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- Politician in Massachusetts, US
ANDOVER, MA — Voters in Andover will head to the polls, Tuesday, for the 2020 general election.
In addition to the presidential and congressional races, there are two ballot measures and a key race at the state level on some Andover ballots, between Democrat Tram Nguyen and Republican Jeff Dufour.
Voting has been different this year thanks to rules approved to expand early and mail-in voting in light of the coronavirus pandemic, but you can still vote in person on Election Day.
Mail-in ballots should be returned by mail or using the secure drop box at 36 Bartlet St. Mail-in ballots must be postmarked by Nov. 3 and received by Nov. 6 at 5 p.m. If you plan to drop off your ballot in person, you should do so before 8 p.m., Tuesday. They cannot be directly submitted at in-person voting locations.
You can track your ballot here.
Election day voting:
Polls in Massachusetts are open 7 a.m. to 8 p.m. on Tuesday. You can use the Secretary of State’s website to find your polling place.
Precincts 1 and 3: Youth Center at 40 Whittier Court
Precincts 4, 5 and 6: Wood Hill Middle School at 11 Cross Street
2, 7, 7A, 8 and 9: Andover High School Richard J. Collins Field House at 80 Shawsheen Road
The town has put in place coronavirus safety precautions for in-person voting.
The following are the key contested races that will be on the ballot for Andover voters:
Joe Biden/Kamala Harris (Democrat)
Donald Trump/Mike Pence (Republican) - Incumbent
Howie Hawkins/Angela Walker (Green-Rainbow)
Jo Jorgenson/Spike Cohen (Libertarian)
U.S. House 6th District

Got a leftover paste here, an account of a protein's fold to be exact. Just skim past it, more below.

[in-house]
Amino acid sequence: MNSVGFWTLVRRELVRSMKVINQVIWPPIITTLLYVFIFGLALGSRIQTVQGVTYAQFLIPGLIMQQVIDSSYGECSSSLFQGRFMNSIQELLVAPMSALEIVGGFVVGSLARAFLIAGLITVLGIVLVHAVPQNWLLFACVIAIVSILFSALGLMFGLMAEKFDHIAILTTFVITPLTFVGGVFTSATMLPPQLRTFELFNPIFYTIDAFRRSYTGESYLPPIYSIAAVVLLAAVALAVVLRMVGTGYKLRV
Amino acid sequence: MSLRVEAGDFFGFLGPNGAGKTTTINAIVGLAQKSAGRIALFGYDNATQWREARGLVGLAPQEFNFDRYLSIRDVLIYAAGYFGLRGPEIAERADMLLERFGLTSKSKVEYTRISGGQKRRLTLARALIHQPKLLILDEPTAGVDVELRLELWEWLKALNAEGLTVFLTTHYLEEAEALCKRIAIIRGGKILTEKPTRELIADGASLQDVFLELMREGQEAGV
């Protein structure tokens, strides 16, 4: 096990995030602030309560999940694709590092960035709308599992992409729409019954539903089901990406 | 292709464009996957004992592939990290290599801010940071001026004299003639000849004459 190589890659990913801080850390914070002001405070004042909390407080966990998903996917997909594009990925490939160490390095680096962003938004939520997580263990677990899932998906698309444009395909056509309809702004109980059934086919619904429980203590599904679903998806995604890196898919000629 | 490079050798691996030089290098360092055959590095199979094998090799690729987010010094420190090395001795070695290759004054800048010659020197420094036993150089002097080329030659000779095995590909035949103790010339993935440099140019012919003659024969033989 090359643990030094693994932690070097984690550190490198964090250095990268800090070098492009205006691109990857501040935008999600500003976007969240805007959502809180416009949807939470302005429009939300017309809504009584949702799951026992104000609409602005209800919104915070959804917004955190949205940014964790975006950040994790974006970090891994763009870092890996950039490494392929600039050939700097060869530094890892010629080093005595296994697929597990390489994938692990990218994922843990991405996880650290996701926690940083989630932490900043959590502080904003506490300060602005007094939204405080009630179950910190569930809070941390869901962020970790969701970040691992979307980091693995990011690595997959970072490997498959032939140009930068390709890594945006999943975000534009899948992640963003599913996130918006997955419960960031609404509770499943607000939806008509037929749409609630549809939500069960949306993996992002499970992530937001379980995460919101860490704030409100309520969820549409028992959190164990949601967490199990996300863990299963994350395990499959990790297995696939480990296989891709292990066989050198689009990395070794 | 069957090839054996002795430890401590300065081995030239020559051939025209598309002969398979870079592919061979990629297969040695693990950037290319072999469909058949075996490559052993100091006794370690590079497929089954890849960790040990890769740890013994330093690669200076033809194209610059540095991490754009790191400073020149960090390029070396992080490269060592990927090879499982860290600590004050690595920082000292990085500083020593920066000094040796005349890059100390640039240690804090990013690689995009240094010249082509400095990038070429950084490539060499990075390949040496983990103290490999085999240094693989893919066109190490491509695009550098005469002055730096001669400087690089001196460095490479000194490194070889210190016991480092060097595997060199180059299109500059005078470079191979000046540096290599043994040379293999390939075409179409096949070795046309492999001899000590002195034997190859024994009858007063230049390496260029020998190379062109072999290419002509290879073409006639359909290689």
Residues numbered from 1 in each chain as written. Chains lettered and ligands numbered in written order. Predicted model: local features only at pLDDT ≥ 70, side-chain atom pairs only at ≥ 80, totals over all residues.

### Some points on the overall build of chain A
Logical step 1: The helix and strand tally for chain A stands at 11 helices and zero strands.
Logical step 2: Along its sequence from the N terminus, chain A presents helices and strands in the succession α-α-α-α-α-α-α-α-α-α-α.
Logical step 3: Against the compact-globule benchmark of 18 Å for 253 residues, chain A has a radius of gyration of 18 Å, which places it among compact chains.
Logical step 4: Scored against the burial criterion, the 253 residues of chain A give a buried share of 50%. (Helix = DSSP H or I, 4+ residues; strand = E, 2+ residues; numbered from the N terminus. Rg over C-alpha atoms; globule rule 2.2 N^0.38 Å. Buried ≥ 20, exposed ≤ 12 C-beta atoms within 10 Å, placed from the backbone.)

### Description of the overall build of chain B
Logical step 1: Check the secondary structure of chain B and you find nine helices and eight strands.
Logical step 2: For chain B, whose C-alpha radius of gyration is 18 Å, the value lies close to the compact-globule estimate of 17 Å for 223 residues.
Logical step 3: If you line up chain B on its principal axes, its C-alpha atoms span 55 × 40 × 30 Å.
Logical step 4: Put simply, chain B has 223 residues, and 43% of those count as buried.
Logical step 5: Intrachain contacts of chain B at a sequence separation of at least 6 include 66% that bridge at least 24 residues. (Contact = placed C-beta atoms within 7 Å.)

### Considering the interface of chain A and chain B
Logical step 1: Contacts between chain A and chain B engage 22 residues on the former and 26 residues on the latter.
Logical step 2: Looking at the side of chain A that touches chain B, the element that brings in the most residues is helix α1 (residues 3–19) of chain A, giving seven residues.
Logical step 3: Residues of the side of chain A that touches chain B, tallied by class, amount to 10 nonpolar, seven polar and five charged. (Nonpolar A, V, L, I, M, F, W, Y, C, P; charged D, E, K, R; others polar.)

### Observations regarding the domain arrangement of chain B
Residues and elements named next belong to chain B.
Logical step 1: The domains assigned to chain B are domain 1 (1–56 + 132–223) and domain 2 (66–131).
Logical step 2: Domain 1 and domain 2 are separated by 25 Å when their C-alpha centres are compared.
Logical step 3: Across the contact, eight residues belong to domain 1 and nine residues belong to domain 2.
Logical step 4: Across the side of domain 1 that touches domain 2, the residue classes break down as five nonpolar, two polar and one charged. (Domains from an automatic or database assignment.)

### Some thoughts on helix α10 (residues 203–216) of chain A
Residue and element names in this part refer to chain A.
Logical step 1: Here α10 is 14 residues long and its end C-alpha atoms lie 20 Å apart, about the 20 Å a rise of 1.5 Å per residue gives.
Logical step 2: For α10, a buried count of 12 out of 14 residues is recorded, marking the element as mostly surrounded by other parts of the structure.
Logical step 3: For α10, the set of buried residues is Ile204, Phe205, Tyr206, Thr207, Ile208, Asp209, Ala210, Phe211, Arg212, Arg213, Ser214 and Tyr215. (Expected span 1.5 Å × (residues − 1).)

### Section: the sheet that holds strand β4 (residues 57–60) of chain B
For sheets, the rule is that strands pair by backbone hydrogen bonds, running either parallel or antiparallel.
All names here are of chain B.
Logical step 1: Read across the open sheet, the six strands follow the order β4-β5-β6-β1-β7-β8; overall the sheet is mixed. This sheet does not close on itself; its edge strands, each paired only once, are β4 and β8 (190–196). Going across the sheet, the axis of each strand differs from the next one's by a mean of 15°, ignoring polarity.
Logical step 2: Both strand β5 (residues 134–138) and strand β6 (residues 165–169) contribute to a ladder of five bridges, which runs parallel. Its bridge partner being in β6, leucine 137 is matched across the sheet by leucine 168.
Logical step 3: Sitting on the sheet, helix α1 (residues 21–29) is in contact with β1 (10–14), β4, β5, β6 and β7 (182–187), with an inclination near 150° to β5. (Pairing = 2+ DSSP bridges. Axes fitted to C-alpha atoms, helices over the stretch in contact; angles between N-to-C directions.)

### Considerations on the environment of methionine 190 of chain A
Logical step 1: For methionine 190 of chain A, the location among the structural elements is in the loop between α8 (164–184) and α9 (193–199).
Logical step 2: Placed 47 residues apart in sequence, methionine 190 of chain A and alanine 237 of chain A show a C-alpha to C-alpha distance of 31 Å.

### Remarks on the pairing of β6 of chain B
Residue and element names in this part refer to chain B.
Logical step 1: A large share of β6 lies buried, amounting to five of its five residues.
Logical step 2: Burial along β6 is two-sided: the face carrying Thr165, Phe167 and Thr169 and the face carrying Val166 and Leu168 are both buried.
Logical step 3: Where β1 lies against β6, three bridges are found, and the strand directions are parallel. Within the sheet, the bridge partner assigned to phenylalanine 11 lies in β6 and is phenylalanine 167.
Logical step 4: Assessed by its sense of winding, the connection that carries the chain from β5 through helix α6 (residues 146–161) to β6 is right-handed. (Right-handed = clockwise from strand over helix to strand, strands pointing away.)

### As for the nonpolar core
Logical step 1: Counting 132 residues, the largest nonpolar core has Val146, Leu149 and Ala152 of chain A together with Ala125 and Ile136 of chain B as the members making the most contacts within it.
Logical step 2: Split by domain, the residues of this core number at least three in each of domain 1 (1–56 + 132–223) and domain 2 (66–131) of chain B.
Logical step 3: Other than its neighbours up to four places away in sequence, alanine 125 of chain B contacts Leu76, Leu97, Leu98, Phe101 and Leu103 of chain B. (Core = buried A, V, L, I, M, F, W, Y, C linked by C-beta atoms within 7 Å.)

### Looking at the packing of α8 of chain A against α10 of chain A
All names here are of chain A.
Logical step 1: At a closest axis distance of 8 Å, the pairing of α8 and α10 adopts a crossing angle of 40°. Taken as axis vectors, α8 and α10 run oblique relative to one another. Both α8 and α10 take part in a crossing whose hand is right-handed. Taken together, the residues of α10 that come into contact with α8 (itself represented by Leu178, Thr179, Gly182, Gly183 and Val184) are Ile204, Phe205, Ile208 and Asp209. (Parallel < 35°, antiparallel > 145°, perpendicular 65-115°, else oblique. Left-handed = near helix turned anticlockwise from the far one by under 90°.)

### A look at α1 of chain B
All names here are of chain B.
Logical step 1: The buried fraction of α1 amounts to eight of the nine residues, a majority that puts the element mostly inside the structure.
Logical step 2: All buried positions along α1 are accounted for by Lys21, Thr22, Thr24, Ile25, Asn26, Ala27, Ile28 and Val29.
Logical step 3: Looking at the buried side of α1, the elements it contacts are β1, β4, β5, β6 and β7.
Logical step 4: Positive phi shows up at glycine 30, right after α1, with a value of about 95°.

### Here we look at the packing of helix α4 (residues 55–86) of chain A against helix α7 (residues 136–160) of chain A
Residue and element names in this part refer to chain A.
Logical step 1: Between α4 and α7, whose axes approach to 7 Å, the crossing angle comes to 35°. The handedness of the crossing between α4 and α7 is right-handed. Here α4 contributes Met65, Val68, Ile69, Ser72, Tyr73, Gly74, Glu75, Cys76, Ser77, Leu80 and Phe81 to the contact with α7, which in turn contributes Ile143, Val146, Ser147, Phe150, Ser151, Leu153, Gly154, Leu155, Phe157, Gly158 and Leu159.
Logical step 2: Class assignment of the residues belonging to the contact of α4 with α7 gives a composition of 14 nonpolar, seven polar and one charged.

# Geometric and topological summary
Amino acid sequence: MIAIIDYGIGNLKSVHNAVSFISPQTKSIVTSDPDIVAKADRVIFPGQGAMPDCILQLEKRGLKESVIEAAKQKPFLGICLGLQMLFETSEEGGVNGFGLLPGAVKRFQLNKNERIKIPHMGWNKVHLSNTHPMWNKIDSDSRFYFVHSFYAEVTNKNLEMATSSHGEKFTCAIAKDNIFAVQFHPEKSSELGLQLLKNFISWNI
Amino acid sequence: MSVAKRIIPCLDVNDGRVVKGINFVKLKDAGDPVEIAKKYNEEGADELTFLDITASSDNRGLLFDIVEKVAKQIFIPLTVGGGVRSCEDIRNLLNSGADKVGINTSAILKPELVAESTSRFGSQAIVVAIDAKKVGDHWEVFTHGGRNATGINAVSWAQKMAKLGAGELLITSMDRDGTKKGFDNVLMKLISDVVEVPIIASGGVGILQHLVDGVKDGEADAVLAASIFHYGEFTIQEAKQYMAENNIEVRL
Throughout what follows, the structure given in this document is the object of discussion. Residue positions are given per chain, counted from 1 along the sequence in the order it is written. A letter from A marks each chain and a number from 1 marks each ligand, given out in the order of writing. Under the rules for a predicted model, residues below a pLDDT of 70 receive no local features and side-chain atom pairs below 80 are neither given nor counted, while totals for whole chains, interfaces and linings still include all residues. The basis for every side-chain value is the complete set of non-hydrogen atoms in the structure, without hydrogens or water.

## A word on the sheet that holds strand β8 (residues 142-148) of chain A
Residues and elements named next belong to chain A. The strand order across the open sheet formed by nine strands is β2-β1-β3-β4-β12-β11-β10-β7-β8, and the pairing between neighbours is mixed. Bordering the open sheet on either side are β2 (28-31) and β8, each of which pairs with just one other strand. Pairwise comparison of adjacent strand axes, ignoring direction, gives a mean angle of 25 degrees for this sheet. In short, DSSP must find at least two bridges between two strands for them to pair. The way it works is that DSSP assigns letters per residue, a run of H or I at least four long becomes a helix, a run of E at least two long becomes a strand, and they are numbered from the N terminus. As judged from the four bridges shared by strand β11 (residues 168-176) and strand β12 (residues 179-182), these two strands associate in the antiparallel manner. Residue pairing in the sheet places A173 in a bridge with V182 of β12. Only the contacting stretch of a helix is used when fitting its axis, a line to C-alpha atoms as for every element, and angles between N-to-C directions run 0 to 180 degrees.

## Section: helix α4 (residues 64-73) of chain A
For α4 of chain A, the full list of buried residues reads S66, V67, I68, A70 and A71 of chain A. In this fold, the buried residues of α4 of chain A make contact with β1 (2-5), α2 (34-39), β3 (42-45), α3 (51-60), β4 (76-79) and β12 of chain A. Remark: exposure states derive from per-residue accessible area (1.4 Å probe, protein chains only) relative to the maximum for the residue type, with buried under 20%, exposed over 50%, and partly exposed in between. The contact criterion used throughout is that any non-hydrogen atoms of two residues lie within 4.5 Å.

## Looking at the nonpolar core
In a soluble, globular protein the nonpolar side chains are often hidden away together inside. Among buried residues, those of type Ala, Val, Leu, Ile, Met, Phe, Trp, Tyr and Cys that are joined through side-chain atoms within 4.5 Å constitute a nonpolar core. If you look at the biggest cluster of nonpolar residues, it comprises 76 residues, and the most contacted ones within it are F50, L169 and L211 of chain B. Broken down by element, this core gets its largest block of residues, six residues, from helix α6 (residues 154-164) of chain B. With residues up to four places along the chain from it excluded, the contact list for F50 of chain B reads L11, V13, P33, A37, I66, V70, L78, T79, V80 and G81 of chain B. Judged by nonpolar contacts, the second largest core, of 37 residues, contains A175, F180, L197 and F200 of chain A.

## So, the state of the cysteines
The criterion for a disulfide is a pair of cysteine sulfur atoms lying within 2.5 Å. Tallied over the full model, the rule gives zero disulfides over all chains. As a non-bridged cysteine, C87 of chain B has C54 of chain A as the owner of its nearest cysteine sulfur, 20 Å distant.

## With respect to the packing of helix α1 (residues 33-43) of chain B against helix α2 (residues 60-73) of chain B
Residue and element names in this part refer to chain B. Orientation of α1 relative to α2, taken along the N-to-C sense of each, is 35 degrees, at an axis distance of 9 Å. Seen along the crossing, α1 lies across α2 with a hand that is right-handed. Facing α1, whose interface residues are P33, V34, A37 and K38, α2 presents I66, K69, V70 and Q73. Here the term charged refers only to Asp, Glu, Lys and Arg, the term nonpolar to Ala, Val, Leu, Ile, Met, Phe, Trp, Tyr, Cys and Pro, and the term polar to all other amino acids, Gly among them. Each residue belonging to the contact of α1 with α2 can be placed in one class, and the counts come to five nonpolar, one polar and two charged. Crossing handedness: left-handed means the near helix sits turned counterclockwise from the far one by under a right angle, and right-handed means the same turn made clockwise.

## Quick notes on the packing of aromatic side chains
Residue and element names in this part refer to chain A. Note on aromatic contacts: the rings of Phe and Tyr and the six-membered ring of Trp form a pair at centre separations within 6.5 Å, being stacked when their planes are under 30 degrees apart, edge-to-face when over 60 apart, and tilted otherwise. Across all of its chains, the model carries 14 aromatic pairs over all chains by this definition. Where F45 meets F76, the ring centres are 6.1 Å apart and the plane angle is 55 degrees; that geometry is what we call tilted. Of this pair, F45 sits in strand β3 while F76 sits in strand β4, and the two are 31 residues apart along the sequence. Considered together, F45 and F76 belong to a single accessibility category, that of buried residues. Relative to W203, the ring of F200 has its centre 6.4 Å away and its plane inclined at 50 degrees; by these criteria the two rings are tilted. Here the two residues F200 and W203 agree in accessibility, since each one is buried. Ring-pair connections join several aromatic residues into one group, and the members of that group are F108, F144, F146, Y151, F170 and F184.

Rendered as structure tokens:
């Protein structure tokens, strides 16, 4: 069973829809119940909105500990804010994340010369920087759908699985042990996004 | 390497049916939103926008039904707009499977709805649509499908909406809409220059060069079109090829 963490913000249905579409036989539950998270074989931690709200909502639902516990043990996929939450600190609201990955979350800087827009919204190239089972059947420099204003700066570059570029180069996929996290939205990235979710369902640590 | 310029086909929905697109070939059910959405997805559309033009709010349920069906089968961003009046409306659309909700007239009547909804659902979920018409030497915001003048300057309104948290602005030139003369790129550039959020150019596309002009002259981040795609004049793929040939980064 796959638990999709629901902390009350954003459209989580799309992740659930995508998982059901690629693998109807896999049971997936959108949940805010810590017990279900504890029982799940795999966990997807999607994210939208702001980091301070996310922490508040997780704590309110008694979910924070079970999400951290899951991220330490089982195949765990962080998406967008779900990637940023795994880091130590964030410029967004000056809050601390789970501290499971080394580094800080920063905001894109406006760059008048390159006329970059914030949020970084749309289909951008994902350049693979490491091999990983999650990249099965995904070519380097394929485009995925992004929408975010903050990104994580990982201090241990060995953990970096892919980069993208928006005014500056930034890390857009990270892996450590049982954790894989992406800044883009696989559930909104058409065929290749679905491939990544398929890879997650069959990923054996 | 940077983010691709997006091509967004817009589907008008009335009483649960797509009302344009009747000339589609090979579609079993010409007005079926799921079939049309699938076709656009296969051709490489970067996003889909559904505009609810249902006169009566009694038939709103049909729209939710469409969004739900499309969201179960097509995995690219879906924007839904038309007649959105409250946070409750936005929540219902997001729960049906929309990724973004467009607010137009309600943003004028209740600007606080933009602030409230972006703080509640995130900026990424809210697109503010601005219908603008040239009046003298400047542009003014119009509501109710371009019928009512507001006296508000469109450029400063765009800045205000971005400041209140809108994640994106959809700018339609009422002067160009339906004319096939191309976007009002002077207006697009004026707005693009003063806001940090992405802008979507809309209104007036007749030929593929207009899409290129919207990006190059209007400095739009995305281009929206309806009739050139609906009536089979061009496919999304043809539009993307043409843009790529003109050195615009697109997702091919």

Seth Moulton (Democrat) - Incumbent
John Paul Moran (Republican)
Matthew Mixon (Independent) (Write-in)
Edward Markey (Democrat) - Incumbent
Kevin O'Connor (Republican)
Massachusetts House 18th Essex District
Question 1: "Right To Repair" Vehicle Access Requirement Initiative
Yes: A yes vote would require carmakers to expand access to mechanical data for all cars sold in Massachusetts beginning with model year 2022.
No: A no vote leaves the 2013 right-to-repair law unchanged.
Question 2: Ranked-Choice Voting Initiative
Yes: A yes vote favors adopting a system gives voters the option of ranking candidates on their ballot in order of preference, as opposed to selecting just one. And if no candidate gets more than 50 percent of first-choice votes, the candidate with the least first-choice votes is eliminated, and the voters who preferred that candidate have their votes reallocated based on their second choices. Then the ballots are recounted and the process is repeated until one candidate breaks the 50 percent threshold.
No: A no vote keeps the current system in place.
U.S. House, 3rd District, Lori Trahan
Massachusetts Senate, 2nd Essex and Middlesex District, Barry Finegold
Massachusetts House, 17th Essex District, Frank Moran
Governor's Council, 5th District, Eileen Duff
Register of Probate, Pamela Casey O'Brien